Monday, January 19, 2009

An In-Depth Look at Wholesale

There is an informative Storque article about the basics of selling wholesale. The article covers pricing, terms and packaging considerations. I wanted to get a little more in depth on the topic with a couple of knowledgeable and experienced artisans.
wristlet by janinekingdesigns
Janine King is an established independent designer of fine quality, fun and unique fabric handbags. Working from their expanded carriage house studio in upstate New York, Janine and her husband Donald run JanineKingDesigns, a premier Made in the USA cottage company. With over 6,000 sales on Etsy.com, Janine brings a mature perspective to the topic of selling wholesale. I feel privileged that she is willing to share her wisdom with us.
pendant by 215Design
Trudy of 215Design, is a 7th grade English teacher at a private school in Kansas City, MO. Making pretty pendants and packaging them beautifully gives her a creative outlet outside of her regular work. I love the enthusiasm Trudy brings to this article.

this photo byOrganicStills Trade shows and reps are the traditional (maybe old fashioned now) wholesale venues. Janine spent time pursuing these routes before settling on Etsy as her location of choice to market her lines. Janine says, "Our items fit into the ‘Gift Market’, which is inundated, with inexpensive China imports. We can’t compete with the pricing. And we can’t mass-produce at the required levels."

My own experience with the ABC show in Las Vegas is that attendance at trade shows has dwindled over the past several years, and both boutiques and small manufacturers are seeking less expensive alternatives to sourcing and marketing their goods. In response to this trend, juvenile marketing expert, James Girone, runs a virtual trade show on his site, a must-see for anyone with infant-juvenile lines. Additionally, rep commissions are usually 15%- 20% of the wholesale price. Unless you can produce your items very quickly and cheaply, your profits will be slim or non-existent. Both Janine and I found it difficult to make a profit selling wholesale through reps.

How Wholesale Happens Janine has had several shop owners tell her they found her by stopping women on the street and asking them where they got their bag. This echoes what I have learned from shop owners over the years. They know what they want when they see it.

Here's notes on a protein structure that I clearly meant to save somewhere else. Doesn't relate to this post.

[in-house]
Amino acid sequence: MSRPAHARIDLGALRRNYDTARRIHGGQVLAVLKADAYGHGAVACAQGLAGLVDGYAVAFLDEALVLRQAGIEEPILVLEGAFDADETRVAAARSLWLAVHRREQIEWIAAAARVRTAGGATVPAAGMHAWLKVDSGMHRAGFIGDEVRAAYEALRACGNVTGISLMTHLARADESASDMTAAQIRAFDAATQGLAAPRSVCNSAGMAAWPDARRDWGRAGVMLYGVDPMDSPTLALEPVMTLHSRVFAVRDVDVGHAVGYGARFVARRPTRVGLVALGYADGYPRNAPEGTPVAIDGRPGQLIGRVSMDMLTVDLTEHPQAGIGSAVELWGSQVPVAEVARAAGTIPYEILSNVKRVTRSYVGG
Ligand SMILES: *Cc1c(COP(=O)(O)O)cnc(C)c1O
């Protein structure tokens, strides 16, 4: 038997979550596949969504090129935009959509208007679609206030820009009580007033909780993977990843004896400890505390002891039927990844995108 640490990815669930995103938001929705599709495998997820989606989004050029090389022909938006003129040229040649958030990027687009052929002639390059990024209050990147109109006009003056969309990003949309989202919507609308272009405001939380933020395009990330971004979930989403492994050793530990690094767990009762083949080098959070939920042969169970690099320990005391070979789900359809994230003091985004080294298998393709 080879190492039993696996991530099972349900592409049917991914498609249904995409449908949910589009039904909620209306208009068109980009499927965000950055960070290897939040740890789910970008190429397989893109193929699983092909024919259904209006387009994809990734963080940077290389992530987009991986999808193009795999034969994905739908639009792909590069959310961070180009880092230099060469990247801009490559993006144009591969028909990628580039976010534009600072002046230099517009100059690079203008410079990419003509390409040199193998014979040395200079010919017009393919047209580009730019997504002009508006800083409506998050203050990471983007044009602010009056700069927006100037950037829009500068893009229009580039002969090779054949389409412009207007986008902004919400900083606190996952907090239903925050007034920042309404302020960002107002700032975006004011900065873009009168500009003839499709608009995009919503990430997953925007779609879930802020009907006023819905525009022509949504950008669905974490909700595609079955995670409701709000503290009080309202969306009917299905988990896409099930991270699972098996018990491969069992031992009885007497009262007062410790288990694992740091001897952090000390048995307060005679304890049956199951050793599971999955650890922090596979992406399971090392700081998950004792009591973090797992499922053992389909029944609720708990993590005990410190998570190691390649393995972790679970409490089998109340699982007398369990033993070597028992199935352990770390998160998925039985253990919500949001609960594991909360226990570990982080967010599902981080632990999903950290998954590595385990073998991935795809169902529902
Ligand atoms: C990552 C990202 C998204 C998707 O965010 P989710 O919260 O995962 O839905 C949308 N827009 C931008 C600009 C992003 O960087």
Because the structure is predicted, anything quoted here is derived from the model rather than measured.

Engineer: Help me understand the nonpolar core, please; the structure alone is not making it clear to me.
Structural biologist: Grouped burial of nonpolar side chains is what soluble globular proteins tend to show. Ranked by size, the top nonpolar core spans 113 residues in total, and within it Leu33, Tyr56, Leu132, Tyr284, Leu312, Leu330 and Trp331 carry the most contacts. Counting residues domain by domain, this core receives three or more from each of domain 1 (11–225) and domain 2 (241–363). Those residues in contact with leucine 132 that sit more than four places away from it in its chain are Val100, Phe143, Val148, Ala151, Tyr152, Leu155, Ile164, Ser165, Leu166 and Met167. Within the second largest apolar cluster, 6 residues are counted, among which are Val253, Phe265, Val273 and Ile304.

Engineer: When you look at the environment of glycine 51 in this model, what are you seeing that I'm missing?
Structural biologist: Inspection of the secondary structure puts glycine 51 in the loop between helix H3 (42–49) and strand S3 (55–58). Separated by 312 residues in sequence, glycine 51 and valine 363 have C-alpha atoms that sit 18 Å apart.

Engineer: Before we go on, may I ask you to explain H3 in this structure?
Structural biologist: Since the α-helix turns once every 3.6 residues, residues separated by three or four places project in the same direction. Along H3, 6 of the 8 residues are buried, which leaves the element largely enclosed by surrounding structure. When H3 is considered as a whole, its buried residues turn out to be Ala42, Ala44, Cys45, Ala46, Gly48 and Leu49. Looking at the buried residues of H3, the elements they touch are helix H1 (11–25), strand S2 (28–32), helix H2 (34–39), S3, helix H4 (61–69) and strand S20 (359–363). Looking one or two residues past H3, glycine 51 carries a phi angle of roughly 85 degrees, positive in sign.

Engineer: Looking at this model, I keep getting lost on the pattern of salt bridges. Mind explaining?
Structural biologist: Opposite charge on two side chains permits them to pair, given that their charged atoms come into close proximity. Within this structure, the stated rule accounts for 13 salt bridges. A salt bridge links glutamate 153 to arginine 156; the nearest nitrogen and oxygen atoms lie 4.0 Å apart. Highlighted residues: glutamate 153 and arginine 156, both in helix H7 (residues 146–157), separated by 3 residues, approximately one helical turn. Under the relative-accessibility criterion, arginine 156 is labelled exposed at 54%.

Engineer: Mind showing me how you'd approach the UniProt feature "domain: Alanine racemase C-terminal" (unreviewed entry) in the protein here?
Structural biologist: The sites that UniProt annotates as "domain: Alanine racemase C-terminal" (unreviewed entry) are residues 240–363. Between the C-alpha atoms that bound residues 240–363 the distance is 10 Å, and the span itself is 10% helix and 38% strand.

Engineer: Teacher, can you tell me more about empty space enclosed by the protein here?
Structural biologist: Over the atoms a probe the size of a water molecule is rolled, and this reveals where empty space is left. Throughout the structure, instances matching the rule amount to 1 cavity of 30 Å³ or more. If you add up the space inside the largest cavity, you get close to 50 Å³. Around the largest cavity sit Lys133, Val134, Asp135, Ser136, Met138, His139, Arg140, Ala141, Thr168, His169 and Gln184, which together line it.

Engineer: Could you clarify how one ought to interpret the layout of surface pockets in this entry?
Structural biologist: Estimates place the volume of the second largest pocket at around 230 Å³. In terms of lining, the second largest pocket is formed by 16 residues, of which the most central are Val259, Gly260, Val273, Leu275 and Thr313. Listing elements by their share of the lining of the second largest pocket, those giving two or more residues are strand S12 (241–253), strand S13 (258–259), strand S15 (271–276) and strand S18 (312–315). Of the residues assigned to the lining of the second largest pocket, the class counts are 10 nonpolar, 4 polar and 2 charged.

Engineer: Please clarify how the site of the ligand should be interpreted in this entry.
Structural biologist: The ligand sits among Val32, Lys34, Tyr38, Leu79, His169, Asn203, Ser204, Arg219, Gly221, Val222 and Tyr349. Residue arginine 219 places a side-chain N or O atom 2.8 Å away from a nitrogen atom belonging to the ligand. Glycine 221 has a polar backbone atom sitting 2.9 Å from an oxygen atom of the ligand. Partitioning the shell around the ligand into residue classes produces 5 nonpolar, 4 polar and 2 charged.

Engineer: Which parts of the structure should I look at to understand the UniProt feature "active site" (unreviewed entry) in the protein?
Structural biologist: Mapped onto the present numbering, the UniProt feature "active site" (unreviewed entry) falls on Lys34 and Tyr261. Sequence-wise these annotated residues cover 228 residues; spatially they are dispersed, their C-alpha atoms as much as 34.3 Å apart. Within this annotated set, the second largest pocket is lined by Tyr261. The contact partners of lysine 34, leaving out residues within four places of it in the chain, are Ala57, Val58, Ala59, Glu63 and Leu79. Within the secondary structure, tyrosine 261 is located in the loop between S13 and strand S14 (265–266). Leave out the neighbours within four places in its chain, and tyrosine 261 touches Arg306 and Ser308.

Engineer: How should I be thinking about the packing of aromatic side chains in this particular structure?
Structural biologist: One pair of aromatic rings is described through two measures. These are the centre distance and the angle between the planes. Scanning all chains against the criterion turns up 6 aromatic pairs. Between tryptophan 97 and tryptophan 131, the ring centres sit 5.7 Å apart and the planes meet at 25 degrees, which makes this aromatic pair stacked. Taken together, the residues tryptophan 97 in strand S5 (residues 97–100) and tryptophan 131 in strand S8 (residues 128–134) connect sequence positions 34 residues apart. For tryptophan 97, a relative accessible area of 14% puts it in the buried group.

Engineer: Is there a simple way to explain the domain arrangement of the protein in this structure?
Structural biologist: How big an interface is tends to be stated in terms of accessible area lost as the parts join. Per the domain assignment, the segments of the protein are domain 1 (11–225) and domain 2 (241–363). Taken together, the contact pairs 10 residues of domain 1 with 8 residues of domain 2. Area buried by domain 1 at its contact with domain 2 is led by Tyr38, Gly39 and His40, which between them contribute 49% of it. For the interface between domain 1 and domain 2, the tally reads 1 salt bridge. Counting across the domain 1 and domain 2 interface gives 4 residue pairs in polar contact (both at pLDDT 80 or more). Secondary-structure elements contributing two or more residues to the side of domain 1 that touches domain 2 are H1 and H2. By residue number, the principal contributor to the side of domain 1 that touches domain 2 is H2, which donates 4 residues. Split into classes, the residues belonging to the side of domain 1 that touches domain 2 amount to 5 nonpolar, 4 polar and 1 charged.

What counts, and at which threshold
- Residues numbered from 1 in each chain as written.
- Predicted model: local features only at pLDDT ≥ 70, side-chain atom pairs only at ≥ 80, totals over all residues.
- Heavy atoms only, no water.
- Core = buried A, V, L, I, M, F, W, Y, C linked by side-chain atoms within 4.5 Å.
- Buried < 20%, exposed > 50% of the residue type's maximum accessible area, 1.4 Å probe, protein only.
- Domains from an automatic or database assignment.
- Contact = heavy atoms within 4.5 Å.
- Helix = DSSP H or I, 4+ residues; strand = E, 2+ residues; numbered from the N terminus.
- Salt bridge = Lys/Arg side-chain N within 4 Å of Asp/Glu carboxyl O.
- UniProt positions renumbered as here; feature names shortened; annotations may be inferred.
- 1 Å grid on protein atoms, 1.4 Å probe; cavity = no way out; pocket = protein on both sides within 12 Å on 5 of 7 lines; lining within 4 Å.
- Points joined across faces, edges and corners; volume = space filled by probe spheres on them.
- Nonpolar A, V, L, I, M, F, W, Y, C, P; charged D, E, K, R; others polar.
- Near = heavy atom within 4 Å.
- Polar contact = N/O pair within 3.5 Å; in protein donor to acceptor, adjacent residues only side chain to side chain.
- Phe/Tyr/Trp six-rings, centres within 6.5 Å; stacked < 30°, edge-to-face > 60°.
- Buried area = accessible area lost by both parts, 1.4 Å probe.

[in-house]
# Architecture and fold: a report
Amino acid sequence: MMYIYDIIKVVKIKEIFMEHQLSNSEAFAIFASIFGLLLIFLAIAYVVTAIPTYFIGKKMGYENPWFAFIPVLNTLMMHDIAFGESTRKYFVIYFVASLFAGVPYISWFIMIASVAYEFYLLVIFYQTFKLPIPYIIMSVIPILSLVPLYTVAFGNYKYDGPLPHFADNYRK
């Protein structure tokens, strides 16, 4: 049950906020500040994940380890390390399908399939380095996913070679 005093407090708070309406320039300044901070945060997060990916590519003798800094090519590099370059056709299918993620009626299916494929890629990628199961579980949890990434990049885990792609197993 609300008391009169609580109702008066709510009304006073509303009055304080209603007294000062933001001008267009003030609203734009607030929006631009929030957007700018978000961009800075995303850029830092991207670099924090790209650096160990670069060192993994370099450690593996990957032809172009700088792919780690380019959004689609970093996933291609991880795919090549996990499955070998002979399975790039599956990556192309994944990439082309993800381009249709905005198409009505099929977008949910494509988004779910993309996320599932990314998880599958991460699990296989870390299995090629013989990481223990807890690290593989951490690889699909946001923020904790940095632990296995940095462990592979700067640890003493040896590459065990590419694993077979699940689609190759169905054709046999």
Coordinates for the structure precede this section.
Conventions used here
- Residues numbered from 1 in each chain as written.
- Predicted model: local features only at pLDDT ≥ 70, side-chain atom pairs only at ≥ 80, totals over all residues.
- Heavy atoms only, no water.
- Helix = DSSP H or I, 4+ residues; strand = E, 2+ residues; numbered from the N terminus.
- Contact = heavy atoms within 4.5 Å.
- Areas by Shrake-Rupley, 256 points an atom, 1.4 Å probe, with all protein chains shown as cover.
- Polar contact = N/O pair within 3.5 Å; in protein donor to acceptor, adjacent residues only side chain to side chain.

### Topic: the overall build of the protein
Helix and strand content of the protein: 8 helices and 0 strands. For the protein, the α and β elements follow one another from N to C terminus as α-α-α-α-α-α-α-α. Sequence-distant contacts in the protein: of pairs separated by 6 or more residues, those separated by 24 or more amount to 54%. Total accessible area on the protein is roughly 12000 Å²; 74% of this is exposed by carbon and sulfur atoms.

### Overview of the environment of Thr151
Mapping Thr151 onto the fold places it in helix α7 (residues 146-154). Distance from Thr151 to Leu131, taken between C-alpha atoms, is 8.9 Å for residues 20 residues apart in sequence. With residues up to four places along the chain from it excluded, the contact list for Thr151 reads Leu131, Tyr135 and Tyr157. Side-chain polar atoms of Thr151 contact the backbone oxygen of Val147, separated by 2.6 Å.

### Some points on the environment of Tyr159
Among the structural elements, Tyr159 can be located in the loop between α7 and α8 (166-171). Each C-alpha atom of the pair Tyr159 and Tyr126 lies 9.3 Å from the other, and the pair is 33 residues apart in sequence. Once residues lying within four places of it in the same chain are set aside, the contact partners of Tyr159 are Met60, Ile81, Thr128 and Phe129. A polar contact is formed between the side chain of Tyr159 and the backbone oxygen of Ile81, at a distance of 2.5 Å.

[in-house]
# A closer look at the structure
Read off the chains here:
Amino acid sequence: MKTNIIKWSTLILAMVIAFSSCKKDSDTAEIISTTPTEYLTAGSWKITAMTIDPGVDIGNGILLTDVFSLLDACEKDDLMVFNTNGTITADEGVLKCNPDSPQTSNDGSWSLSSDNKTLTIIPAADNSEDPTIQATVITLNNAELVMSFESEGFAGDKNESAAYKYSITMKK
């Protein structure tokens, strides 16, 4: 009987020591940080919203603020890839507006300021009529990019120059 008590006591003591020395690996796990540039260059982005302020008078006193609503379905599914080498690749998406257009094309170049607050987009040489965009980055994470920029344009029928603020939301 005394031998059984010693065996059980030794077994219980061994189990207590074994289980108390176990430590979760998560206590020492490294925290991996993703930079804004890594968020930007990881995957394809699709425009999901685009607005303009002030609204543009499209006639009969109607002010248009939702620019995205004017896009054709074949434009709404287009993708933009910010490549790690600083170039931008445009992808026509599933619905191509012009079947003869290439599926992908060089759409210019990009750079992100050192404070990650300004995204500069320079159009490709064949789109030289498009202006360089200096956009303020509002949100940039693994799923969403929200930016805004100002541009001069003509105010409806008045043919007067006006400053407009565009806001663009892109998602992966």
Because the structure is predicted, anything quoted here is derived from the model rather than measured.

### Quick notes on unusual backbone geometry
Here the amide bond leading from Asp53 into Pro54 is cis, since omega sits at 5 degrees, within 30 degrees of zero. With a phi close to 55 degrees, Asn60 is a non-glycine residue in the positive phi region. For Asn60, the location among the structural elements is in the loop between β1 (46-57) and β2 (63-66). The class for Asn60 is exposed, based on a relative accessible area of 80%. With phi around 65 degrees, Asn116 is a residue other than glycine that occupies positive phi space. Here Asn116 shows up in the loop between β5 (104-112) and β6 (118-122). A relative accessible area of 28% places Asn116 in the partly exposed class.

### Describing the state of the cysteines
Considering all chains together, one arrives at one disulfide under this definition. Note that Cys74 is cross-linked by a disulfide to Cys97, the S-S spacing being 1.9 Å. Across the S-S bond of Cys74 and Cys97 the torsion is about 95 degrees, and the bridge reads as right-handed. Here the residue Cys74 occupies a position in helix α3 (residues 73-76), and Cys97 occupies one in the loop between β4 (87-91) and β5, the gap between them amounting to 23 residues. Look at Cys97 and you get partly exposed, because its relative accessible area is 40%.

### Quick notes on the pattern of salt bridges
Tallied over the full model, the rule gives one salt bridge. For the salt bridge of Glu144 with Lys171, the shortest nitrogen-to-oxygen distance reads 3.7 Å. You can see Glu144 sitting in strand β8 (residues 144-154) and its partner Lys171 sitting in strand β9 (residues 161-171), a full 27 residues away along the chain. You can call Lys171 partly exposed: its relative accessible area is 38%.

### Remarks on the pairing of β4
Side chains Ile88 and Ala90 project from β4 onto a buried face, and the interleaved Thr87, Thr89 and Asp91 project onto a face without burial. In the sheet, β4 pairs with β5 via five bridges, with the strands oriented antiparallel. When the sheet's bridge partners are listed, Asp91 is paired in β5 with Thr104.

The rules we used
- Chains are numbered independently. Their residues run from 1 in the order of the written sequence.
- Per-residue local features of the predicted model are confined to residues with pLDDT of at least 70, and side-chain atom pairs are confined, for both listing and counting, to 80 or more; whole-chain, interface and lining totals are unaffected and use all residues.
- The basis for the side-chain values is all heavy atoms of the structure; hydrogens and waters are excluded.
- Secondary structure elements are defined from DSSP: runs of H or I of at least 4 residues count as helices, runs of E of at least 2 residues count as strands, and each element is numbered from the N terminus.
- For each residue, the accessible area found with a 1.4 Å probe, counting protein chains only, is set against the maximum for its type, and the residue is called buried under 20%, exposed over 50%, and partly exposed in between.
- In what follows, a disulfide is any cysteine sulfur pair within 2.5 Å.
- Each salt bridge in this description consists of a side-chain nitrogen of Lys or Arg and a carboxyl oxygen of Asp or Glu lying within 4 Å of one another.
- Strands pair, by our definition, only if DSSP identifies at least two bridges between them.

(Get stopped on the street by carrying this bag by ArmandoJavierDesign)

If the wholesale buyers are not seeking you out, Trudy suggests sending an email to boutiques, referring them to your shop or website. This has resulted in several accounts for 215Design. Another source of wholesale accounts for Trudy and other popular Etsy sellers has been Trunkt.org (a website where brick and mortar owners can shop for wholesale items to sell retail.)
Having a shop on Etsy does make you visible to boutiques looking for unique items to feature. Trudy says, "I have 5 new wholesale accounts from people who have found me through my Etsy shop." Janine has used her Etsy shop to streamline the wholesale process, by clearly stating her offerings and requirements in her wholesale listings.

Put the horse before the cart. (toy by twelfthdimension)
I asked Janine, "Do you find that selling wholesale helped you get more efficient in your production methods and therefore, more profitable in your retail business?" Her response reveals her business savvy: "The other way around, actually. We became efficient enough in our production methods for retail that we realized that it was possible for us to sell wholesale, but on a limited basis only. "

Trudy offers some inspiration for getting more organized: "I have had to become very efficient in my production because large orders tend to overlap each other. Keeping my supplies fully stocked and my studio tidy helps my production speed. I have also figured out a nightly schedule to produce my necklaces (my necklaces take 3 days to produce due to drying time). I have a batch of necklaces going all of the time. I have to be efficient because I am a 7th grade English teacher by day. I have become more profitable in my Etsy retail shop because people have seen my items in boutiques and visit my website. Also, my husband helps me with the packing and shipping." Organize t-shirt by hungryknife